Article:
Last month, the English Universities Netball Squad met up for the first time following the recent squad announcement.
The representative team, comprised of England’s most talented university Netball players, recently travelled north to Glasgow to play two games against the Scottish Youth National teams.
English Universities Sport provides representative opportunities in a wide range of sports, though the EUS Netball team was the first to announce their squads and begin competitive action.
The season-opening trip to Scotland proved to be a successful start to the season for the English University All-Star team, as they secured two victories, beating the Scotland U21 (55-38) and the Scotland U19 (71-41).
After a successful start to the season, we spoke with Head Netball Coach, Louisa Jayne Walker about the EUS experience and how international students can get involved.
SSC: For those who are unaware, what is English University Sport and in particular, EUS Netball?
Coach Louisa: “English Universities Sport gives athletes that are studying at university in the UK to have the opportunity to do representative sport. In terms of netball, we pick a squad of 15 from national-level trials, and then it’s season-long programmes. So, it starts in November each year and goes through to May/June – and if we have a home nations tournament it could run through until July.
It’s an opportunity to come together with a group of very talented national-level athletes and to push each other, learn from each other, and play fixtures against other national representative teams. For example, we play against Wales Under 21’s & Under 19’s, the England Roses Academy, Scotland Under 21’s & Under 19’s, and also the Association of English Colleges squad as well.”
SSC: With the season running from around November to May (potentially longer with tournaments) what sorts of opportunities can players expect between their training and throughout the entire year? What would be the expectations of the players?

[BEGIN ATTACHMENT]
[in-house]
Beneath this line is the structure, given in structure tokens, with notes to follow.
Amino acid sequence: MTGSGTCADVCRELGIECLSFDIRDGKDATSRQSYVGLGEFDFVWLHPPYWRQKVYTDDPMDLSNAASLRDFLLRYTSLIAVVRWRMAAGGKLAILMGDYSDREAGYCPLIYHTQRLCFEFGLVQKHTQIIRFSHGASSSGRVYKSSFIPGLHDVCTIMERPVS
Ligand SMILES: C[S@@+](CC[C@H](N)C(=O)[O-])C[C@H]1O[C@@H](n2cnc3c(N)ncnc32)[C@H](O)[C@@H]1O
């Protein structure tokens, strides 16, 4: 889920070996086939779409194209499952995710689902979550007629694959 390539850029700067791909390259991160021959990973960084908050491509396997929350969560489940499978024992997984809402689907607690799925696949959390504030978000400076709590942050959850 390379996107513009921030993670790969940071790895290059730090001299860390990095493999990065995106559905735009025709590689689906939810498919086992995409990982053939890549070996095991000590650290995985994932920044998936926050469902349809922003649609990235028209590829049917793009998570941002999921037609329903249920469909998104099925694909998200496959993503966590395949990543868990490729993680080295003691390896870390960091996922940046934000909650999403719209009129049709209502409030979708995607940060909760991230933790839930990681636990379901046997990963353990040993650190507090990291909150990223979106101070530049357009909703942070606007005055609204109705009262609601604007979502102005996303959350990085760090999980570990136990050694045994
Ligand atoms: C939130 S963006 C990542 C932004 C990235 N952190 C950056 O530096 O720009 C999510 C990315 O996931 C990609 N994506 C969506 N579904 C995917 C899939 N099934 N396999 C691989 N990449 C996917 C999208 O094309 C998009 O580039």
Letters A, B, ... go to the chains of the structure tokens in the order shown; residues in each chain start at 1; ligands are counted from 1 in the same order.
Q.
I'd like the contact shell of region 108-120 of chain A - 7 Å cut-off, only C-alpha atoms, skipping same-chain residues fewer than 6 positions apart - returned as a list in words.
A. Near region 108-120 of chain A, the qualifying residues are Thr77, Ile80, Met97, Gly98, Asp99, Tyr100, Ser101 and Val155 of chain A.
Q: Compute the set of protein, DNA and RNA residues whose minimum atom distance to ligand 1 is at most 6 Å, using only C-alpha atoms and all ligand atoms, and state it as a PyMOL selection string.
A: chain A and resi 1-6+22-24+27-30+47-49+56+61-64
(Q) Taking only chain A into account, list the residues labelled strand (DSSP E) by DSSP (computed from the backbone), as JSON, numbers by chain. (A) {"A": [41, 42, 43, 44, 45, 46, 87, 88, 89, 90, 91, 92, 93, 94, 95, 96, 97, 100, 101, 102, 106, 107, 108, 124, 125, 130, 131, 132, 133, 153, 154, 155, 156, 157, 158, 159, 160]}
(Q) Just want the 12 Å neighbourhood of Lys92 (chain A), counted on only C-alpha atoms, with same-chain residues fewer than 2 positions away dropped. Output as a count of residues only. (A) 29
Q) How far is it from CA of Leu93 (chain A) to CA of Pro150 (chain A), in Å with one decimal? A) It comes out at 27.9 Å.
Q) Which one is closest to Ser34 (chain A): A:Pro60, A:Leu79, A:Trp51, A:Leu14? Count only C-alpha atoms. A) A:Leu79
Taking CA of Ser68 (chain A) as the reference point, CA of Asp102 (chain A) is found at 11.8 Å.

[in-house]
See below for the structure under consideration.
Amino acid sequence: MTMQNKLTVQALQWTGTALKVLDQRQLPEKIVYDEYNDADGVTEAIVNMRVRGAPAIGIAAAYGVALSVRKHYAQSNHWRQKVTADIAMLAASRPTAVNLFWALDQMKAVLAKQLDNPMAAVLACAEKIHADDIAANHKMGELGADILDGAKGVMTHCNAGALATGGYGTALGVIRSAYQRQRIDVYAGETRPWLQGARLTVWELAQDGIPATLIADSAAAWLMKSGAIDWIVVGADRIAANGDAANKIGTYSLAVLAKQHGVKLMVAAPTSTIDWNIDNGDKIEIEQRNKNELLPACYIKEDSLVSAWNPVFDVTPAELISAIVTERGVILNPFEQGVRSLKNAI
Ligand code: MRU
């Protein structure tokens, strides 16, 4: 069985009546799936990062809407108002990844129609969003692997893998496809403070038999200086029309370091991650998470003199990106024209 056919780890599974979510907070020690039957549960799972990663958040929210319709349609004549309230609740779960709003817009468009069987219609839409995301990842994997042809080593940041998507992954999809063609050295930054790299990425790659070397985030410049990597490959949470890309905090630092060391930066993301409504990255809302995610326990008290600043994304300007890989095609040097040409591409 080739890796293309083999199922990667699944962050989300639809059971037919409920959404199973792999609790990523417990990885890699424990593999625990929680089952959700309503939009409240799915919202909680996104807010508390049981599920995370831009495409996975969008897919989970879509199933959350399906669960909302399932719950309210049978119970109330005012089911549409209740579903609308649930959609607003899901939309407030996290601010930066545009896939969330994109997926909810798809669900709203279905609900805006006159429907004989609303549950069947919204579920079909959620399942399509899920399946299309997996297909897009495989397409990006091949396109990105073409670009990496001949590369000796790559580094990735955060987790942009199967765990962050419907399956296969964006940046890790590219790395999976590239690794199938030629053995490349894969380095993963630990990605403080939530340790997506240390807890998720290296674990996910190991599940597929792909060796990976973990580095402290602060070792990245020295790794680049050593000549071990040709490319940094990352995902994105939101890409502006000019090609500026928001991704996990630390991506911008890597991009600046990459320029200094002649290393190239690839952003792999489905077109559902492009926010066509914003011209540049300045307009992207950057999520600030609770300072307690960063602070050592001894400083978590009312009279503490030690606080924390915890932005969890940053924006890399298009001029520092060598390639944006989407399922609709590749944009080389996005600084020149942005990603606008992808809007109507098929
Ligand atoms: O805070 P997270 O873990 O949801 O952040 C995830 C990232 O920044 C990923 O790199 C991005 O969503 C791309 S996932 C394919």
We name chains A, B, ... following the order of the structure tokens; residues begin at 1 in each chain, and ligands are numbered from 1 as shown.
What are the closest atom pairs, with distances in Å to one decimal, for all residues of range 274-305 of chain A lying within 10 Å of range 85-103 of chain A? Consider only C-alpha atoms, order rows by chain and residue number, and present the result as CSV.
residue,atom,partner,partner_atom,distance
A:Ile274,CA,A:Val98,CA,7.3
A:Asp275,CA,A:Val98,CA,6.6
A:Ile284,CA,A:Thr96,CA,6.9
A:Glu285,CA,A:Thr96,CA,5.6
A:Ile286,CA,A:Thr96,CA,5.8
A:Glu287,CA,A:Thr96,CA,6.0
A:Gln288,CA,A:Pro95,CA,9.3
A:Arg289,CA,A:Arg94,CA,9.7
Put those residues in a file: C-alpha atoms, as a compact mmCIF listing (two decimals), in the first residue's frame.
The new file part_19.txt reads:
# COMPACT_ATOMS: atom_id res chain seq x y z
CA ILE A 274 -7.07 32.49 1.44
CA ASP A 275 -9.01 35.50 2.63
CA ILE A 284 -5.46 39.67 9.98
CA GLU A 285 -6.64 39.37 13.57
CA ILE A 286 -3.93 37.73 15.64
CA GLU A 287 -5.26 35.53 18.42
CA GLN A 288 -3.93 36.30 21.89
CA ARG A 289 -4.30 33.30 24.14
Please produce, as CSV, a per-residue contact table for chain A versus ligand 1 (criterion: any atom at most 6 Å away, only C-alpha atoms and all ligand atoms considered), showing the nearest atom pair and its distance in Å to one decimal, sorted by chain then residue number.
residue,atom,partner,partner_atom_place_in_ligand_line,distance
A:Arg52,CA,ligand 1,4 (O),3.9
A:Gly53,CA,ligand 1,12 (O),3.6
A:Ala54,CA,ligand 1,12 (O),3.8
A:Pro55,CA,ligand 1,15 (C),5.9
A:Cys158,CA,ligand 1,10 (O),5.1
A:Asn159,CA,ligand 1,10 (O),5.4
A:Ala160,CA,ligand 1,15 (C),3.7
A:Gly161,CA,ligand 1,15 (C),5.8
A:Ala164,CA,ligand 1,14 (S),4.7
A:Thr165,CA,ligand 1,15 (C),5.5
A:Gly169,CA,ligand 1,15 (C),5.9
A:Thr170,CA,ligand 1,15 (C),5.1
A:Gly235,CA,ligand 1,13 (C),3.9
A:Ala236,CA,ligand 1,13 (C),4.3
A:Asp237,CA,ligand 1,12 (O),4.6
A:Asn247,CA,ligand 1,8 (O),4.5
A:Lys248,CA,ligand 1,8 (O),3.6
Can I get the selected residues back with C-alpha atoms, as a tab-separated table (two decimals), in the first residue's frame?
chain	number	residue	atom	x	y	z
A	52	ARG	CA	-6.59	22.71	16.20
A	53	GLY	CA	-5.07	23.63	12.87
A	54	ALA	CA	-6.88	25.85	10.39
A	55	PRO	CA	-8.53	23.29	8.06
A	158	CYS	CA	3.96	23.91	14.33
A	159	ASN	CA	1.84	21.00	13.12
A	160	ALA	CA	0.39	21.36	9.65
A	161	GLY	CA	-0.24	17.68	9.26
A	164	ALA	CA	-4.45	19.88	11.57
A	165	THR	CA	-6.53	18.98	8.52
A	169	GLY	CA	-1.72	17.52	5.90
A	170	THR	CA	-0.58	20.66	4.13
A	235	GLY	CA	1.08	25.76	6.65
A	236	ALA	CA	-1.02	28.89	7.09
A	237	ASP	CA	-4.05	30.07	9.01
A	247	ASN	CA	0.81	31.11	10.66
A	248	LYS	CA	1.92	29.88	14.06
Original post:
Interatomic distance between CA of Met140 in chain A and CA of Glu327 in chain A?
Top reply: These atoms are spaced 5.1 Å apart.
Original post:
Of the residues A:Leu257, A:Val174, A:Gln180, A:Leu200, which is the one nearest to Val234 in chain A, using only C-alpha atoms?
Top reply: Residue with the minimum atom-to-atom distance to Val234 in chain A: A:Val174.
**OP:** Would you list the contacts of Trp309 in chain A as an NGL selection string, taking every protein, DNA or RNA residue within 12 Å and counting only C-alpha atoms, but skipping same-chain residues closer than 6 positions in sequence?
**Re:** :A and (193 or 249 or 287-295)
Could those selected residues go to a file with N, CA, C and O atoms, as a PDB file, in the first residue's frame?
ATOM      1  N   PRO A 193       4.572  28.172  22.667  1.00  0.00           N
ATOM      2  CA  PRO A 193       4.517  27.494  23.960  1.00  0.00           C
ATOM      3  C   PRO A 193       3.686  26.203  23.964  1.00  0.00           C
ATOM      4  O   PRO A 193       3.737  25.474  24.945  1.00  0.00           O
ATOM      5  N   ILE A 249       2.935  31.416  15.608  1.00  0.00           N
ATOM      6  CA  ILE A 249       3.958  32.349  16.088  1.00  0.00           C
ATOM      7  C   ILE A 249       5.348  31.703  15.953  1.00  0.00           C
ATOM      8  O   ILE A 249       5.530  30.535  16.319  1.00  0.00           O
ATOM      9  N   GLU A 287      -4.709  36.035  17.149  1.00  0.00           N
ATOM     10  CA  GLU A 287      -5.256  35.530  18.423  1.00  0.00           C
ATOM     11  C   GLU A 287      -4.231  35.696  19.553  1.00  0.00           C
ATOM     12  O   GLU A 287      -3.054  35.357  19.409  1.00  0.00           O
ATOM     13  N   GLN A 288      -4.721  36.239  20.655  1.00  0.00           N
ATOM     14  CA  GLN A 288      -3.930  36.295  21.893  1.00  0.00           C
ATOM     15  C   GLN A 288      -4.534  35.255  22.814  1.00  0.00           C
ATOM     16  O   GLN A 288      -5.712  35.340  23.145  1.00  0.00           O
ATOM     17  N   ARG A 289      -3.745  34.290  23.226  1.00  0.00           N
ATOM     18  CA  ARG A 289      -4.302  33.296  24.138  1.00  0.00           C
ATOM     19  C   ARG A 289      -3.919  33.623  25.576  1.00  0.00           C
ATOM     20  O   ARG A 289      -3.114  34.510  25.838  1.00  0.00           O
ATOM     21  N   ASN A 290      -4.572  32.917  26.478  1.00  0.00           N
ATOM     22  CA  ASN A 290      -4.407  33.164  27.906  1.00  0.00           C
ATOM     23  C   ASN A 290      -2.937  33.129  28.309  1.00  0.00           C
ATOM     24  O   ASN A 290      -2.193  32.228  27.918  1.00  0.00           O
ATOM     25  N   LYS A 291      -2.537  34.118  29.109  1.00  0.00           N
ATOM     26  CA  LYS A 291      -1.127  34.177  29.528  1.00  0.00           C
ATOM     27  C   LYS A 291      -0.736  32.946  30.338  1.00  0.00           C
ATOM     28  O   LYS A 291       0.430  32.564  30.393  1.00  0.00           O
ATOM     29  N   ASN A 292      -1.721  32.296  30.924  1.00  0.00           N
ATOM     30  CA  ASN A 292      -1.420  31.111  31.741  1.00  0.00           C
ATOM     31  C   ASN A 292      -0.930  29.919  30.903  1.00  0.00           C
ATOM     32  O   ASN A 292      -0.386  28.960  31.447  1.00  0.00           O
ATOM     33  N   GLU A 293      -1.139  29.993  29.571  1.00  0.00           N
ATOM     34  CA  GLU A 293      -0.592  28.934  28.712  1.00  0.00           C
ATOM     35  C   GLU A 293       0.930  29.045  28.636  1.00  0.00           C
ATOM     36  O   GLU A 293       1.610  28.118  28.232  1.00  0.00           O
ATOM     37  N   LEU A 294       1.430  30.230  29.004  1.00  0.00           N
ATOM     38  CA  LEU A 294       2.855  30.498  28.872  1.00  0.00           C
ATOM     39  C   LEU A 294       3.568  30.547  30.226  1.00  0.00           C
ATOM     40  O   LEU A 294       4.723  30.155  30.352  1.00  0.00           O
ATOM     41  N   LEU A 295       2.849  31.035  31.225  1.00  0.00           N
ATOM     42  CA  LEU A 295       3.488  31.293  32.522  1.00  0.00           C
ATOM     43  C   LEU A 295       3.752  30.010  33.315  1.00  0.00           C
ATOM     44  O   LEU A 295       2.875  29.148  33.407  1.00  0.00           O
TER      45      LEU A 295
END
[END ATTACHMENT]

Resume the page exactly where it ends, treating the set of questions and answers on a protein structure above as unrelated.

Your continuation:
Coach Louisa: “The first opportunity is in the National Trials themselves because, in terms of netball, it’s not often you get invited to a National Trial. So that is a great chance to see other players your age, who are also dealing with their university studies and external pressures that might also be involved in netball’s National Performance League (NPL) but aren’t at an England Roses academy level.
It fits that group of athletes that aren’t quite Super League contracted players yet but are very strong players within their own region. It’s a chance to measure themselves up on how they do against their peers and following that, if selected, we have weekends. So we come together on a weekend once a month and we try to spread it evenly throughout the year, being aware of academic pressure etc.
The other reason for doing it on the weekends is the majority of players are involved in the National Premier League and they play on Sundays. We come together on a Friday and a Saturday as well. The weekends tend to fit the format of team building on Friday, a chance to eat together and get to know each other, learn a bit about each other, and our own individual stories and histories. Then a training [session] together, where we can put into place our team tactics, how we are going to highlight each individual’s strengths and skills, and how we are going to approach the setup match play.
Normally there are two matches within that weekend that run on a Saturday afternoon, so that is plenty of quarters of netball with a squad of 15 we record those games so we can analyse how we perform.
Even more importantly, the athletes can then use those performances to put together their highlight reel if they are considering taking that next step and approaching Super League clubs for possible training contracts.”
SSC: That’s fantastic! So the athletes get something out of it longer term, not just the honour of being called up but actually having something to come away with.
Coach Louisa: “Yeah absolutely! It’s about making sure players have grabbed all the available opportunities to perform at a representative level so that they can create that highlight reel, and start approaching the Super League clubs about training and contracts etc.